The new bill adds stakeholders to multiple boards and commissions created under the original bill.

Villanueva said the technical changes in the bill were proposed by state agencies, lawmakers and stakeholders.

The bill passed the House, 90-20, and the Senate, 41-6.

Tobacco bills’ progress in veto session appear stalled
Northwest Herald
Friday, November 15, 2019  |   Article  |   By REBECCA ANZEL – Capitol News Illinois
Tobacco, Smoking Ban, E-Cigarettes Bush, Melinda--State Senate, 31 , Cullerton, John--State Senate, 6 , Link, Terry--State Senate, 30

Just one day left in veto session to OK bans on public vaping, flavored vape products

One bill would loop electronic cigarettes into the Smoke Free Illinois Act. The other would ban flavored cartridges and pods used in such devices.

Thursday is the last scheduled day of the fall veto session, which lawmakers are using this year to clean up new laws and pass new bills before they return to Springfield in January.

Indian Creek Democratic Sen. Terry Link is the sponsor of Senate Bill 1864, which would include vapes, e-cigars, e-hookahs and other such devices in the existing prohibition on smoking in public places, areas of employment, and within 15 feet of the entrance to a public building. There is an exception for tobacco stores and vape shops.

The Illinois Sheriff’s Association opposes the measure if jails are included in the ban. Executive Director Jim Kaitschuk said although not every county jail official allows vapes, “many do.”

He said jails allow vaping because many people who are jailed have substance abuse issues, or smoke cigarettes. Vaping is allowed to prevent forcing inmates to quit “cold-turkey.”

“I just want them to continue to have that as an option if they so choose,” Kaitschuk said. “I can tell you anecdotally that for those that utilize this, they have seen signs in a reduction of incidences.”

Link said in a committee hearing Tuesday any exceptions should be a “stand-alone bill if they want to do it.”

His measure cleared the Senate Oct. 29and needs approval from a House committee before it can be considered by the full chamber.

Senate President John Cullerton, a Chicago Democrat, is sponsoringone of six flavor bansaimed at vape products. His has the highest-profile backing and was considered by a panel of lawmakers Wednesday.

Adam Hergenreder, an 18-year-old high school student from Lake County, told legislators he was sickened with a lung injury related to his vape use. He was sharing his story, he said, to encourage those in his age group not to use the product.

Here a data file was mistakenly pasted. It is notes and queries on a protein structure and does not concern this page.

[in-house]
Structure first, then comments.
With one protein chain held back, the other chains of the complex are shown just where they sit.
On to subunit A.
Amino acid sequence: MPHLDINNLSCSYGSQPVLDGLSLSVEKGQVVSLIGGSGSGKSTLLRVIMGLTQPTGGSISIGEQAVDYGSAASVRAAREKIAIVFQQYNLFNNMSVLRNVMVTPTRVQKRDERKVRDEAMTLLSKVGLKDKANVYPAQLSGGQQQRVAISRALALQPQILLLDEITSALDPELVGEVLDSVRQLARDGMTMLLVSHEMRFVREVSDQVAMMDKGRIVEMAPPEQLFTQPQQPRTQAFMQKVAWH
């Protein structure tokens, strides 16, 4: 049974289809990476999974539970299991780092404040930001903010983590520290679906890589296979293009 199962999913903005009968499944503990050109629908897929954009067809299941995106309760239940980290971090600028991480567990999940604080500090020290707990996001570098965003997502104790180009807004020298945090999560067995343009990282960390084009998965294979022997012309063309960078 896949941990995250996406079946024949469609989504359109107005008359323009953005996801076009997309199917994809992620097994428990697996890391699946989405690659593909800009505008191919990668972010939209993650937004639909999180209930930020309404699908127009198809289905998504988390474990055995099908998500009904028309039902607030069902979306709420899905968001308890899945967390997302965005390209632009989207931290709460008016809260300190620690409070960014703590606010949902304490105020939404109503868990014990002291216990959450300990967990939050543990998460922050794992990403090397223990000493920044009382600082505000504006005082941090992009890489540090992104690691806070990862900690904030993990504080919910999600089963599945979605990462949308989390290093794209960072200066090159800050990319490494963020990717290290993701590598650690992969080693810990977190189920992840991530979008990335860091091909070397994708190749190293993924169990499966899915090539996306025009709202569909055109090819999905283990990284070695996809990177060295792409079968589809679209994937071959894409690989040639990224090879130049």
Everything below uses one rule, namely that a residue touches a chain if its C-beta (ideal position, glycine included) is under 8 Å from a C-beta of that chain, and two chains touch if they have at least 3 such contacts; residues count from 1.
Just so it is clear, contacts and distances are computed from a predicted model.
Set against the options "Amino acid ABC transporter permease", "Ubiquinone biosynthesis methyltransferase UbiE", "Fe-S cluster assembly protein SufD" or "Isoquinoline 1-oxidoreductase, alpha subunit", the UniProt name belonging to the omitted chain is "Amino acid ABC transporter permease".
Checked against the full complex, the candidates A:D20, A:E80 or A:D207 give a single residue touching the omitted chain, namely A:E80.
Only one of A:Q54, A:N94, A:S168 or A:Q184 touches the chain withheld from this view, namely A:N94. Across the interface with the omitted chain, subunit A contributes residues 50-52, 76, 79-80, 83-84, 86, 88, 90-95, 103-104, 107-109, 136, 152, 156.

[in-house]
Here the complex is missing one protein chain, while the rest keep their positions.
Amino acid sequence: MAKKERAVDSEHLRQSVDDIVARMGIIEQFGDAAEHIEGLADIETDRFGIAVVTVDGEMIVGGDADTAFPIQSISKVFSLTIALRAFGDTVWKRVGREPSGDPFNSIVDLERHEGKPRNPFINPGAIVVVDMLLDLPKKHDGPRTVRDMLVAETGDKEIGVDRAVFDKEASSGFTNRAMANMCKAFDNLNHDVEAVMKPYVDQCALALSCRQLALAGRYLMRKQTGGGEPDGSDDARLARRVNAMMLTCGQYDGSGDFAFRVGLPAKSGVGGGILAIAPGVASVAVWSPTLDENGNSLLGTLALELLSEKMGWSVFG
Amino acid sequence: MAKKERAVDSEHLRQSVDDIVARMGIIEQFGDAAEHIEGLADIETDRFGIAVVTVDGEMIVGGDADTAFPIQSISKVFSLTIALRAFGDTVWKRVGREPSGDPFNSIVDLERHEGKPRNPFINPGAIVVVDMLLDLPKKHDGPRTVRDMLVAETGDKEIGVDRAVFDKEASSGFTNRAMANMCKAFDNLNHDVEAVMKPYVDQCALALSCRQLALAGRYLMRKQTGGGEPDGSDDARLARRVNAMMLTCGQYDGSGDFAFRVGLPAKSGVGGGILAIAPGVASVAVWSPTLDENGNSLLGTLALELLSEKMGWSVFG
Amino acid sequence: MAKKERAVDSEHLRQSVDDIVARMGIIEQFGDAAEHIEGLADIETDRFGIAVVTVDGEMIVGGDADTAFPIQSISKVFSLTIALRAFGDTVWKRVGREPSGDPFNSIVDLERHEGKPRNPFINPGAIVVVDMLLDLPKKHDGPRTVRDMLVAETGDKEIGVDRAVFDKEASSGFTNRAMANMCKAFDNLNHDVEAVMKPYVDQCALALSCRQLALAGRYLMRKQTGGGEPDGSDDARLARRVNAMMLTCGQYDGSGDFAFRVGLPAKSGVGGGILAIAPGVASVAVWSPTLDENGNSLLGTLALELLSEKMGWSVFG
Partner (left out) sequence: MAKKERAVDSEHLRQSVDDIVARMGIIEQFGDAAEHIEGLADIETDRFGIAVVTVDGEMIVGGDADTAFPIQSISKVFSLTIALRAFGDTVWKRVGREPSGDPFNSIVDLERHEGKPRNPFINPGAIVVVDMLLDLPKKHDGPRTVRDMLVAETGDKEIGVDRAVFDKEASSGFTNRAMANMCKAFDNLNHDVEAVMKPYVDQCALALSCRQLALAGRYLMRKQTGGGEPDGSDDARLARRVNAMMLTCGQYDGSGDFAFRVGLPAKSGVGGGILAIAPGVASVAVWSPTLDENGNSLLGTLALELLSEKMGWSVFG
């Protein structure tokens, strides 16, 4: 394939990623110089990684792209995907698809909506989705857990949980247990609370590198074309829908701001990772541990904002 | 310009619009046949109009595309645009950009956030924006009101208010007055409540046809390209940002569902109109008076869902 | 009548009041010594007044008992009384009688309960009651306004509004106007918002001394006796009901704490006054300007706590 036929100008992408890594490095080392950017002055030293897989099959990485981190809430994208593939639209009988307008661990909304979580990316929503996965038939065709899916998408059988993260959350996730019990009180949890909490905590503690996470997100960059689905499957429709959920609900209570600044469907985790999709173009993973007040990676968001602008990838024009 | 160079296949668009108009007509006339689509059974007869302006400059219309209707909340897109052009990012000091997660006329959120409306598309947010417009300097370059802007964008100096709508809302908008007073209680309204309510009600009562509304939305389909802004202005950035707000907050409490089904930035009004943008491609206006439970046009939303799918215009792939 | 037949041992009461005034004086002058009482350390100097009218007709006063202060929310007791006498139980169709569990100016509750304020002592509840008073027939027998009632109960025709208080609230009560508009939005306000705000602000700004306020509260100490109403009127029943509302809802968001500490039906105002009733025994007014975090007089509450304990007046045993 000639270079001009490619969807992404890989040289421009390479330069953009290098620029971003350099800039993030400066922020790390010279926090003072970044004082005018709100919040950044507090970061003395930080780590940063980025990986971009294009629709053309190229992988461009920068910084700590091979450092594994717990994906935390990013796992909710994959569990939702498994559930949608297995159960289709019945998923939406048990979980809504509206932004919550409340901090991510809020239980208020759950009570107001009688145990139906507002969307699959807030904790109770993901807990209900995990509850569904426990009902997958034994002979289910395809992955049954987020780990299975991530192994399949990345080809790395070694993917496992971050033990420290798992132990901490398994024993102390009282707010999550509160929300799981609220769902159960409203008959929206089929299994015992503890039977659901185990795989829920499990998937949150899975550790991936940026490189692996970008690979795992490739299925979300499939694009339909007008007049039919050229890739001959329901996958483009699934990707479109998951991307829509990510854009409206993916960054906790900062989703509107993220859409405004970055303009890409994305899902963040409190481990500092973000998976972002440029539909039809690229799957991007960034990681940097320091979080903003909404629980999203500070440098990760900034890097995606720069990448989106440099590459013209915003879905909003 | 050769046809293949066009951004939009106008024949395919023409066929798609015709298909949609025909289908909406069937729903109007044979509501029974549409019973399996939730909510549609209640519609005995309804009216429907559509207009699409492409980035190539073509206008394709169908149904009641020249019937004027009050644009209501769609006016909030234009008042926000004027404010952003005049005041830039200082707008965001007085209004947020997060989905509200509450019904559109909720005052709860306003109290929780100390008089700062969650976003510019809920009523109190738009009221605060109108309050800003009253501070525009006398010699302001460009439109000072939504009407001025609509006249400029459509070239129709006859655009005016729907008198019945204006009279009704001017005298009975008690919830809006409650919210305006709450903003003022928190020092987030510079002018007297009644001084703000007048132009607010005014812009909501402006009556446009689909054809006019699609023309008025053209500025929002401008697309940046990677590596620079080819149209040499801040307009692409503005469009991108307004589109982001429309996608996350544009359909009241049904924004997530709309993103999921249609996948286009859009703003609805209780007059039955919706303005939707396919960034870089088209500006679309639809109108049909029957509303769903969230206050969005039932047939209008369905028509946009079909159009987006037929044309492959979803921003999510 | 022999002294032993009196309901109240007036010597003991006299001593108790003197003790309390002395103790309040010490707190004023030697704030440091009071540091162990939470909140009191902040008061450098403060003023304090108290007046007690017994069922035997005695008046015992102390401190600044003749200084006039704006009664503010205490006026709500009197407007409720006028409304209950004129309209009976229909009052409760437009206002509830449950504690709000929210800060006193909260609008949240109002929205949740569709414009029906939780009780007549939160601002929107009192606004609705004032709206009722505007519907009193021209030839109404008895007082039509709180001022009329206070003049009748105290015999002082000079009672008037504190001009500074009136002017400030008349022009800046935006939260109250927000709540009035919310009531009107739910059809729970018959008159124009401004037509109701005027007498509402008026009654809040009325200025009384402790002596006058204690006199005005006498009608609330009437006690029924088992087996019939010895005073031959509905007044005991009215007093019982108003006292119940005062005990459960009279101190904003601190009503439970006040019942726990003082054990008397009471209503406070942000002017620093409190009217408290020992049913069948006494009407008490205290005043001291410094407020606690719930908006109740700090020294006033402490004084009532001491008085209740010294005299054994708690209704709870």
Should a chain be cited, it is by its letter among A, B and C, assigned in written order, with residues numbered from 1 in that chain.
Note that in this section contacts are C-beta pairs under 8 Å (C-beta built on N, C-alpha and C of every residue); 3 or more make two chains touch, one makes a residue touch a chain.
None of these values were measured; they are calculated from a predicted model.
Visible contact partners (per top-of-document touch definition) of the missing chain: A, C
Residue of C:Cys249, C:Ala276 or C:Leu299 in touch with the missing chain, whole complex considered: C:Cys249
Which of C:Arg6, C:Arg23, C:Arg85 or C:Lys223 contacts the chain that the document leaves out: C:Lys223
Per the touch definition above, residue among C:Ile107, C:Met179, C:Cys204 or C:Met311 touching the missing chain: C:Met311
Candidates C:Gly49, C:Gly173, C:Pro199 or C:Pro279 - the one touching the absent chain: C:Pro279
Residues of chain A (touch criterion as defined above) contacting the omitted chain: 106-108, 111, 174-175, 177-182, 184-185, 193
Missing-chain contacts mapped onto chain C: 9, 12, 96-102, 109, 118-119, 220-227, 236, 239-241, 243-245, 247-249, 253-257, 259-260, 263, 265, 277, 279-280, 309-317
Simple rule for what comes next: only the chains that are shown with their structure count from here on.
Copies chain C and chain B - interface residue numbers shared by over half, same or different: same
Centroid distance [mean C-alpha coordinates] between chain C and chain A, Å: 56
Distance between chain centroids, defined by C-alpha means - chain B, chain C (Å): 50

He said about 80 percent of those who attend his high school, Warren High School, use electronic smoking devices.

“I frankly just believe that it’s a different way to smoke — it’s not a smoking cessation device, or otherwise the (Food and Drug Administration) should approve it as such and do it as a prescription,” said Sen. Melinda Bush, a Democrat from Grayslake.

Tony Abboud, executive director of the Vapor Technology Association, said electronic cigarettes are “regulated as tobacco products.”

“They’re not regulated as a smoking cessation product, and even though some people think they’re being marketed as a smoking cessation product, what they're really referring to is the public discussion around these products ..,” which, he said, “...is so great is because smokers — millions of smokers — who have bashed their heads against the wall trying to use the patch and the gum, failing time after time after time after time have finally found some relief.”

The Senate Executive Committee approved Cullerton’s measure by a vote of 13-4. But it would have to be approved by both the full Senate and House on Thursday to be moved to the desk of Gov. J.B. Pritzker.

While the attempt to ban flavored electronic smoking products in Illinois is being done legislatively, other states — including Michigan, New York, Massachusetts and Rhode Island — have enacted bans of some form through executive order.